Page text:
Trump, Ivanka condemn racism ahead of right-wing rally
The “Unite the Right 2”march will be countered by marchers that have come together from a range of organisations such as Black Lives Matter and DC United Against Hate.Updated: Aug 13, 2018 00:44 IST
US President Donald Trump and his daughter and senior adviser Ivanka Trump condemned racism and called for unity and peace, even as hundreds of white nationalists descended upon Washington for a march to the White House later on Sunday.
The “Unite the Right 2”march — held to commemorate the anniversary of a 2017 rally in Charlottesville, Virginia, that claimed three lives — will be countered by marchers that have come together from a range of organisations such as Black Lives Matter and DC United Against Hate.
While both protesters and counter-protesters are headed to Lafayette Park, just outside the White House, they have permits for different routes and gathering points. Authorities plan to keep them apart to avoid confrontations that tend to turn heated and violent — last year, one woman was killed and several others were injured in numerous skirmishes that broke out.
The Trumps are not in Washington — the president is on a working vacation at his New Jersey golf resort — but both appeared keen to get a handle on the situation before it turned ugly.
“One year ago in Charlottesville, we witnessed an ugly display of hatred, racism, bigotry & violence,” Ivanka Trump tweeted on Saturday, adding: “While Americans are blessed to live in a nation that protects liberty, freedom of speech and diversity of opinion, there is no place for white supremacy, racism and neo-nazism in our great country.
“Rather than tearing each other down with hatred, racism & violence, we can lift one another up, strengthen our communities and strive to help every American achieve his or her full potential!”
Her father had called for peace in a tweet earlier in the day. “The riots in Charlottesville a year ago resulted in senseless death and division. We must come together as a nation. I condemn all types of racism and acts of violence. Peace to ALL Americans!” he wrote.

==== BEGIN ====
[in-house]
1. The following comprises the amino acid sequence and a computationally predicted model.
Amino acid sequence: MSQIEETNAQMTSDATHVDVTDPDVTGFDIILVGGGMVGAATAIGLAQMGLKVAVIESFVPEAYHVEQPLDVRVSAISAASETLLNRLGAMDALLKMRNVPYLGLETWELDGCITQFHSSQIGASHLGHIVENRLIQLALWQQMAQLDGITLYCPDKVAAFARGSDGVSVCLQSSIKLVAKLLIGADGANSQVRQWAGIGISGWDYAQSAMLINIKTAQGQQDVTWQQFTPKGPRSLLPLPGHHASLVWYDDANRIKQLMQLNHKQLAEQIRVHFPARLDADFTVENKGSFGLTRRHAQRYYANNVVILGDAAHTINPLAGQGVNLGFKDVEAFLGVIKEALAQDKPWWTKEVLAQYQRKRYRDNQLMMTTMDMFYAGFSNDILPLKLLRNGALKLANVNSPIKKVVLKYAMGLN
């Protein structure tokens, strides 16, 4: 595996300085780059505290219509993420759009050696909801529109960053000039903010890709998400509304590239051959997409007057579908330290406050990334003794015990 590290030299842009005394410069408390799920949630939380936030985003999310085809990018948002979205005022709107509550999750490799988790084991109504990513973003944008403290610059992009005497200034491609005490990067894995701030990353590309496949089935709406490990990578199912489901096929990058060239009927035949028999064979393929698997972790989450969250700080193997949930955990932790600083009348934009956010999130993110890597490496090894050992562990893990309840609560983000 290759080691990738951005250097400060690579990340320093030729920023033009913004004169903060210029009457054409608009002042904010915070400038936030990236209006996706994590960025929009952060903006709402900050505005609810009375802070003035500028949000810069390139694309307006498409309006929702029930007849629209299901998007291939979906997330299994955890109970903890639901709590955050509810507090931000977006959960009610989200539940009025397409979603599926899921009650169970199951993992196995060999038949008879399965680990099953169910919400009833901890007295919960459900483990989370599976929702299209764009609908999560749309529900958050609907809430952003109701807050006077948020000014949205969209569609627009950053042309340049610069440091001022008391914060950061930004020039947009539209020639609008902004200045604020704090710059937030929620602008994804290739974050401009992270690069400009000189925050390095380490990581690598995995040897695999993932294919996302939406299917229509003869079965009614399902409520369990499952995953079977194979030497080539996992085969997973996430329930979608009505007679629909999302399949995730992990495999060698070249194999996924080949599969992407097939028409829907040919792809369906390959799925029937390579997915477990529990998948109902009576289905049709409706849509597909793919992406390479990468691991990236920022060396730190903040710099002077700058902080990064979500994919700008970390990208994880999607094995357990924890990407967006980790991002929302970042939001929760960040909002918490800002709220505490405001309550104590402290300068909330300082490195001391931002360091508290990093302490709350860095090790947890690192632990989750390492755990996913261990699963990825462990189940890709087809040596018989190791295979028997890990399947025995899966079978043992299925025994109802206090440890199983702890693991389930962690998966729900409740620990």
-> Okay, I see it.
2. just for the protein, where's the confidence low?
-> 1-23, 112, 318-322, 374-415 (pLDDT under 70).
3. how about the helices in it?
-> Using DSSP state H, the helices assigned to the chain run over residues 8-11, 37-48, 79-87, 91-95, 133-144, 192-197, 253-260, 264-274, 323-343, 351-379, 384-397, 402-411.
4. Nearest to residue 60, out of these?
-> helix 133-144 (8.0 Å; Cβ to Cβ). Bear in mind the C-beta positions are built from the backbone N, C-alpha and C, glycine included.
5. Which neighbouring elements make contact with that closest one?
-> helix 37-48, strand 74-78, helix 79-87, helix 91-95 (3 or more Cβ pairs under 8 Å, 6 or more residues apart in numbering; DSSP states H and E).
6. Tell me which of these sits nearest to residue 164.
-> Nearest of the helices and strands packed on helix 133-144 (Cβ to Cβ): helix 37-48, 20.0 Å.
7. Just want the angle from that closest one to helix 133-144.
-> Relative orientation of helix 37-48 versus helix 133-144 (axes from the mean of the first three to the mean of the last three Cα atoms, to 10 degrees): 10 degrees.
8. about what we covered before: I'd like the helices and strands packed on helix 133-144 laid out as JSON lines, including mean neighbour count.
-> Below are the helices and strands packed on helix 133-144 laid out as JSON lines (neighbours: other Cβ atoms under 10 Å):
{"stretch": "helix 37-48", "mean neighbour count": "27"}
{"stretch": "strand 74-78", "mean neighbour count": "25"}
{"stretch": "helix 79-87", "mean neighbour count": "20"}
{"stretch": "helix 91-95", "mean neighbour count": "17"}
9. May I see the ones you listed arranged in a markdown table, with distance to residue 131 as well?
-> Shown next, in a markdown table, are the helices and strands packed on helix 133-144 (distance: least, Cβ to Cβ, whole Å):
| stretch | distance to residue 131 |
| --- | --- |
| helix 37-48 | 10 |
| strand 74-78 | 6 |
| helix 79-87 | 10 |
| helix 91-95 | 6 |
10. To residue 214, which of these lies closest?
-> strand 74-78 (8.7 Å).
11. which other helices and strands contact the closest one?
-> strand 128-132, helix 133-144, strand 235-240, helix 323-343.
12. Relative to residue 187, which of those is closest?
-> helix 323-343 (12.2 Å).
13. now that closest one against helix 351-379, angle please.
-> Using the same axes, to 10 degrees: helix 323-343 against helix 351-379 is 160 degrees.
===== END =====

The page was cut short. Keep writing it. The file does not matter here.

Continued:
This post was in remarkable contrast to the equivalency he had seemed to display in remarks last year. He had said there were ““some very fine people” on both sides, which was widely taken as support for the white nationalists, who had called for the protests.
Authorities in Washington are confident in their ability to do better this year because, unlike Charlottesville, they do handle hundreds of these rallies, called First Amendment events. “There is no city better equipped to handle large-scale events, including First Amendment events, than Washington,” police chief Peter Newsham has said.
The lead organiser of “Unite the Right 2”, Jason Keeler, has told authorities he expects his march to be joined by an estimated 400 people. But there are doubts if they will be able to raise that many people. There are some notable absences — Richard Spencer, one of the co-organisers of last year’s Charlottesville rally with Kessler, has decided to skip it.
The protestors, being organised by DC United Against Hate, Black Lives Matter, Shut it Down DC and other organizations, have planned separate rallies that are expected to bring around 1,000 people.
Authorities believe the key to keeping it peaceful is to keep the groups separate and prevent close confrontations that could lead fights. Police have also prohibited firearms within 1,000 yards of the event, which will apply even to those with license to carry them.